Esma's Secret Jasmila Zbanic

Esma's Secret Jasmila Zbanic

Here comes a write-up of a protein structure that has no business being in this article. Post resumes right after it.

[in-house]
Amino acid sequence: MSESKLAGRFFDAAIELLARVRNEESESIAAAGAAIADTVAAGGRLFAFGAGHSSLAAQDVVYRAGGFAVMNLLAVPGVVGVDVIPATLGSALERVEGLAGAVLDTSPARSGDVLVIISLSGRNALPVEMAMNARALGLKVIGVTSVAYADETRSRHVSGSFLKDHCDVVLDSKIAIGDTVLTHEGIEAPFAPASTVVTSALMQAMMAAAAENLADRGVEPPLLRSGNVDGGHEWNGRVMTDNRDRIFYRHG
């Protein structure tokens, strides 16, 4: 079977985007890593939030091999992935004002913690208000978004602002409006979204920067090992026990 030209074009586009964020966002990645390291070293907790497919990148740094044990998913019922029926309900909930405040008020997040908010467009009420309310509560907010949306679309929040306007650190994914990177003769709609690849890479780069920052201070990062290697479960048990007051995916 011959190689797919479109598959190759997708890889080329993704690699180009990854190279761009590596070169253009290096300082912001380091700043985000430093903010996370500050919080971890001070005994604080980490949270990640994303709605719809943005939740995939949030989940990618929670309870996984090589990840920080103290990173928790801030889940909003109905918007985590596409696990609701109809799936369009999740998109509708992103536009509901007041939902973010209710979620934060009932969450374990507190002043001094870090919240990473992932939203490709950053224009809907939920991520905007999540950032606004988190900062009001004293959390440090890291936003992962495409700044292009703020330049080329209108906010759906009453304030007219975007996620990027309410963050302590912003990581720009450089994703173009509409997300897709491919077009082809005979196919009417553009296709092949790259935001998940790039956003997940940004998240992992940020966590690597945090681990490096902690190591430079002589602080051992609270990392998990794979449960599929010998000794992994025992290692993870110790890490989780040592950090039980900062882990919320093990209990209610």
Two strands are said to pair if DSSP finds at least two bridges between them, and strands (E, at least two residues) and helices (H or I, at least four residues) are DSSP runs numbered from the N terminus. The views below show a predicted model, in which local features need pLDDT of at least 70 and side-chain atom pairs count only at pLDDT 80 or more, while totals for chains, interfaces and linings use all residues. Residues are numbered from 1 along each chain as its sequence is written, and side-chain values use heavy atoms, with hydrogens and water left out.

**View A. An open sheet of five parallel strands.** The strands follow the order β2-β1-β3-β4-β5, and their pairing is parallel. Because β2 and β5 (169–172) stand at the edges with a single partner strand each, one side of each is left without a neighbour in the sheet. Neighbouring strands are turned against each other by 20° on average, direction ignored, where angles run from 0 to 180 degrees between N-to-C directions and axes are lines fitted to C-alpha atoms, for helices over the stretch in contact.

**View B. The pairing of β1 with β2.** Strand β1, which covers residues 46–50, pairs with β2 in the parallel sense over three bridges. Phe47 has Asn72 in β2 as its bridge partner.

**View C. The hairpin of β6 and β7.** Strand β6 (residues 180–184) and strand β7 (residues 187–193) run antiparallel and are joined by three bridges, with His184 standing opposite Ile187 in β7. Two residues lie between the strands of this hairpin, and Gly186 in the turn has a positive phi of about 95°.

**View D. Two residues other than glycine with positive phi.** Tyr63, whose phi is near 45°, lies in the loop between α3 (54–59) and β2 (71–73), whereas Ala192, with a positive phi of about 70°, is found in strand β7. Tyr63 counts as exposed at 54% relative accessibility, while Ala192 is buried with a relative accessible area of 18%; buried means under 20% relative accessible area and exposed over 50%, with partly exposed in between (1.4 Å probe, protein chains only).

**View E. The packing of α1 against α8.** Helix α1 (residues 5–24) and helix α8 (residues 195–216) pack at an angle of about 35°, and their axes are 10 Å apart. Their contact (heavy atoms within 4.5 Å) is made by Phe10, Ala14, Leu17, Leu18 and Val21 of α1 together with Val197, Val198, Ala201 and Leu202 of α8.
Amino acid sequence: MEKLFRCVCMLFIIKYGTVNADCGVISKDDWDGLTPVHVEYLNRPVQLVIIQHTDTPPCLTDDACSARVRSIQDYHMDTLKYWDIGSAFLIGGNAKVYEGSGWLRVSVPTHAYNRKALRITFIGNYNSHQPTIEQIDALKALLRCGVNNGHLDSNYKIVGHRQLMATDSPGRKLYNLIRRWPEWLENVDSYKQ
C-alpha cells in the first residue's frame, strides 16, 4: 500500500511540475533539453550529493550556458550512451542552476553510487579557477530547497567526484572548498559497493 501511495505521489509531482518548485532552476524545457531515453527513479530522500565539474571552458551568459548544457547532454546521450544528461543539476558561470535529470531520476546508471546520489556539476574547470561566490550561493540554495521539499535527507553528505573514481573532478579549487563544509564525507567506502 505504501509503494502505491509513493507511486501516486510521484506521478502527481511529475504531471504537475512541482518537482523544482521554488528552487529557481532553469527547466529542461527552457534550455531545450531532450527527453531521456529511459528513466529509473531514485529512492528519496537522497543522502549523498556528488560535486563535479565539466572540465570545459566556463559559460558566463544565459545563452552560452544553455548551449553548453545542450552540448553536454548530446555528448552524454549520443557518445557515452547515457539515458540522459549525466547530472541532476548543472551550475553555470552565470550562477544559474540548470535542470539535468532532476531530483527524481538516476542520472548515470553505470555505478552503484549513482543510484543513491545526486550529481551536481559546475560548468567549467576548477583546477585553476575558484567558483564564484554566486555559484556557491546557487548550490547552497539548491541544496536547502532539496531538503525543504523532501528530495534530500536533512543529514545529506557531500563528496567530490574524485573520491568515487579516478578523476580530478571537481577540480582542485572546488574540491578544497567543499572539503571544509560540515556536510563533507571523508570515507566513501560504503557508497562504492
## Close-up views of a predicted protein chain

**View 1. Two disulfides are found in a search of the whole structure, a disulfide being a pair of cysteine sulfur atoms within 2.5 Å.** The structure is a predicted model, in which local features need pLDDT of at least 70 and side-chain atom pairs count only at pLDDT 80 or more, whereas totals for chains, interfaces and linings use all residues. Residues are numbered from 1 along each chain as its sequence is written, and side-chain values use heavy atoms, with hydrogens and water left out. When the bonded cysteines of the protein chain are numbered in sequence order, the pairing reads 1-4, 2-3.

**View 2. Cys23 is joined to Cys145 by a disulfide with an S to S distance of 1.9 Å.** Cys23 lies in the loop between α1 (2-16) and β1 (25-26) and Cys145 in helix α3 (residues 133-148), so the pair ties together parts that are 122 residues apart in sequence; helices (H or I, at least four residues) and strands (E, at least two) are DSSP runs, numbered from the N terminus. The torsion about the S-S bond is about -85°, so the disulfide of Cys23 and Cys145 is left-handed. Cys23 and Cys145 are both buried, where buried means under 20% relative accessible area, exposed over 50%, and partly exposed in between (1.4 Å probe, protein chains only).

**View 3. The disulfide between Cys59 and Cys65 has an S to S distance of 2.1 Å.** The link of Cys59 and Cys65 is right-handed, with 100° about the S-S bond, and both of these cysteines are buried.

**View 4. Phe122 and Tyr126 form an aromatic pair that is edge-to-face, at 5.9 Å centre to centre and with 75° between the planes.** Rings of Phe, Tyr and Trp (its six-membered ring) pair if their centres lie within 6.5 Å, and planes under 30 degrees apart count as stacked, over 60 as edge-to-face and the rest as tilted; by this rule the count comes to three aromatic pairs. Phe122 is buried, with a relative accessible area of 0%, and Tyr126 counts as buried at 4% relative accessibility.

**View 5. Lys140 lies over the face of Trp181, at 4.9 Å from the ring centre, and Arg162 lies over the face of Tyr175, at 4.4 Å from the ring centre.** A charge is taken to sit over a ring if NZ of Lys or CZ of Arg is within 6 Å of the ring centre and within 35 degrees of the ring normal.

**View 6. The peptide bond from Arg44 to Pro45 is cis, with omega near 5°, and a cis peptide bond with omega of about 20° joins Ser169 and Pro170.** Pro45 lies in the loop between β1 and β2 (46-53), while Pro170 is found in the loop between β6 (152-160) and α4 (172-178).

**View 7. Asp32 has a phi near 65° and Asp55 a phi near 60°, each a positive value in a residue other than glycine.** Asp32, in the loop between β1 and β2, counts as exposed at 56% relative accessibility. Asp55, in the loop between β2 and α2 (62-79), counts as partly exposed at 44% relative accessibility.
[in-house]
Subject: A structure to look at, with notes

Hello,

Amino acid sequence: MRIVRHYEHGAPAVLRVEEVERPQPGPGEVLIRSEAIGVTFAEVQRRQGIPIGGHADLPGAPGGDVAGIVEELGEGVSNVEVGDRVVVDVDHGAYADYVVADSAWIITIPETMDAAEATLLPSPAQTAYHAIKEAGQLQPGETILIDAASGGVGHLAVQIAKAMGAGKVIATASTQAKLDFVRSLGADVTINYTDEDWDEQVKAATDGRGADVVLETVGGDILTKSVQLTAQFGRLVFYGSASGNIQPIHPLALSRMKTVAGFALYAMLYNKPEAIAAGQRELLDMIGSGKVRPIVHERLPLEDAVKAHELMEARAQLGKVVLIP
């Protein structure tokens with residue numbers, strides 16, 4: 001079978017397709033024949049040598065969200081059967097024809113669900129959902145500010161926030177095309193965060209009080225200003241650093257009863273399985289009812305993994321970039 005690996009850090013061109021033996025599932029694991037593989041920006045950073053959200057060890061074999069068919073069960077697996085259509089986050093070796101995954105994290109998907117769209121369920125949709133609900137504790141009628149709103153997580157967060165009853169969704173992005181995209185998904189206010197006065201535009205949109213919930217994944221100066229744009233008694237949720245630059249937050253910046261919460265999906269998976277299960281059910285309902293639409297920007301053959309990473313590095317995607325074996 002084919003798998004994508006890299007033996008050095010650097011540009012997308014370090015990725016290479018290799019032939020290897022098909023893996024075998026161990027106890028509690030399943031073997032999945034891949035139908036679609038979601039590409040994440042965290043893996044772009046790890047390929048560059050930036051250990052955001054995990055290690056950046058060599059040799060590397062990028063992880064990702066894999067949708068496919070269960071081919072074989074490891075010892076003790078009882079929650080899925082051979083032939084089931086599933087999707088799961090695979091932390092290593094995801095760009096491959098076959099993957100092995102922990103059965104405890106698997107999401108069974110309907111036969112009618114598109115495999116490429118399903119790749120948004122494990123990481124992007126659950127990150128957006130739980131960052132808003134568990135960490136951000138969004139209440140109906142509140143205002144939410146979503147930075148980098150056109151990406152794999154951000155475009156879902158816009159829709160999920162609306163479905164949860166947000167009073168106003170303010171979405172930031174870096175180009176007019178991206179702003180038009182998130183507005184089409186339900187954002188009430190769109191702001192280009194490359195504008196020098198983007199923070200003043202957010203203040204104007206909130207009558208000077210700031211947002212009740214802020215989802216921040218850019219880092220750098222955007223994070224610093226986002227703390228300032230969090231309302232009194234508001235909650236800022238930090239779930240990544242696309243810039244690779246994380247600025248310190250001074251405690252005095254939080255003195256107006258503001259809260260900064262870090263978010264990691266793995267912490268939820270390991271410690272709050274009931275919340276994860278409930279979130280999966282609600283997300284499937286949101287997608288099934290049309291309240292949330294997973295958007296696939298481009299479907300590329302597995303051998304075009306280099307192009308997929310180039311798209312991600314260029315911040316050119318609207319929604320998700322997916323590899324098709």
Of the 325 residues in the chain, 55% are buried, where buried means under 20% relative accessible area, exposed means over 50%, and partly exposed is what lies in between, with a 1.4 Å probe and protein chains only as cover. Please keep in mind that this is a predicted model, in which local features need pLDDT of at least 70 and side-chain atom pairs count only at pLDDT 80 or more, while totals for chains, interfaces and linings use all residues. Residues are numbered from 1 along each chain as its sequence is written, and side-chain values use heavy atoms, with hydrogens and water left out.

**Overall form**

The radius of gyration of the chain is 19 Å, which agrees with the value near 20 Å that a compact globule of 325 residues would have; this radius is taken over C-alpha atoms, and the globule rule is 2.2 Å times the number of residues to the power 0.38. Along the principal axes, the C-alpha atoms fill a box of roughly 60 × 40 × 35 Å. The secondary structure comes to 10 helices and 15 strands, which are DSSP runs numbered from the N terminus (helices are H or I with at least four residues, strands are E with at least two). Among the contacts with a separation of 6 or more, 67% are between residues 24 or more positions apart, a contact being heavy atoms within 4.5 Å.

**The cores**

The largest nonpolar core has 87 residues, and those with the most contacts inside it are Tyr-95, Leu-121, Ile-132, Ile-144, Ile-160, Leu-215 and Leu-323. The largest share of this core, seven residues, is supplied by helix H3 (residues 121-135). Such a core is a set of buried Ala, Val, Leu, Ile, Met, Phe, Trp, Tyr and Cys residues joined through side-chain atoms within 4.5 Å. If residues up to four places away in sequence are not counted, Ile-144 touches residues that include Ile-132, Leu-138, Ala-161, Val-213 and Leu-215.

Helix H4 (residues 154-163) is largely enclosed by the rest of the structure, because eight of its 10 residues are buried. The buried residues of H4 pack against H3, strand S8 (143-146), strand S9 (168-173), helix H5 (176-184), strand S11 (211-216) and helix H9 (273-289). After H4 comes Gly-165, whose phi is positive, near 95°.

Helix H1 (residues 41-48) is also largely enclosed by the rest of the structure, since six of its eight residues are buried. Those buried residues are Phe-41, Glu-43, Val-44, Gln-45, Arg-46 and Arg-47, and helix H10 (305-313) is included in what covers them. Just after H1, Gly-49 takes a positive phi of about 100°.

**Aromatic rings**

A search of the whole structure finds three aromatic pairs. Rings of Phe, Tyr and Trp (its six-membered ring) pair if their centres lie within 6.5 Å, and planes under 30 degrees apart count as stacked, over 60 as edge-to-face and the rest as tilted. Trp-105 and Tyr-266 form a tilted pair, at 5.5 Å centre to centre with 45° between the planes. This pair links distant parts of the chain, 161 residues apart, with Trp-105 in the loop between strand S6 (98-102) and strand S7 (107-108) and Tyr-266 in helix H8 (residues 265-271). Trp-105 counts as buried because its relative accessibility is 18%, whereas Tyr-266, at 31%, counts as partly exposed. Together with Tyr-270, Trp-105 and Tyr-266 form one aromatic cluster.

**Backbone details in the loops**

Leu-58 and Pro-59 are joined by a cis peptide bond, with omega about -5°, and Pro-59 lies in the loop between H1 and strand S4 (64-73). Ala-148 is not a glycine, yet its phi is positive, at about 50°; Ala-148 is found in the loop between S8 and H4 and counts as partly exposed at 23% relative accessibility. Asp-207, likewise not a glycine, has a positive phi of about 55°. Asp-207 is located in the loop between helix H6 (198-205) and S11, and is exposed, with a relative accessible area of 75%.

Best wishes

Esma’s Secret has such an important subject and is so close to the events it describes that I wish I liked it more. Still, this picking up of the pieces of the Yugoslav war is less a movie than a list of issues: the characters don’t have life beyond the one trait they’re handed and the sociological detail is blunt and lacks nuance. The "secret” of the title is of course, held by Esma (Mirjana Karanovic), who isn’t playing straight with her near-adolescent daughter Sara (Luna Mijovic). Though Sara believes her father was martyred in the war, her mother somehow can’t come up with the documentation that would support this and grant Sara a discount on a school trip. Any reasonably well-informed person can figure out what Esma is hiding from frame one but this would be a mere formality were it not for the rather stiff handling of the background information. Though it’s clear that Esma is a damaged person, writer/director Jasmila Zbanic is more for stating the case than evoking it with artistry — her handling of the characters, the desperate economic situations that surround them and the ghosts of war that fill their world are too obvious to stick as drama. Though technically the film is very informative about life in Sarajevo in the wake of the war, it doesn’t have a supporting view of people in general, and that means the information hangs in space with nowhere to go. It’s not a terrible movie, and it doesn’t make you feel like it’s trivialised the issues, but as art it misses the mark and fails to bring its urgent matters to life. (Mongrel Media)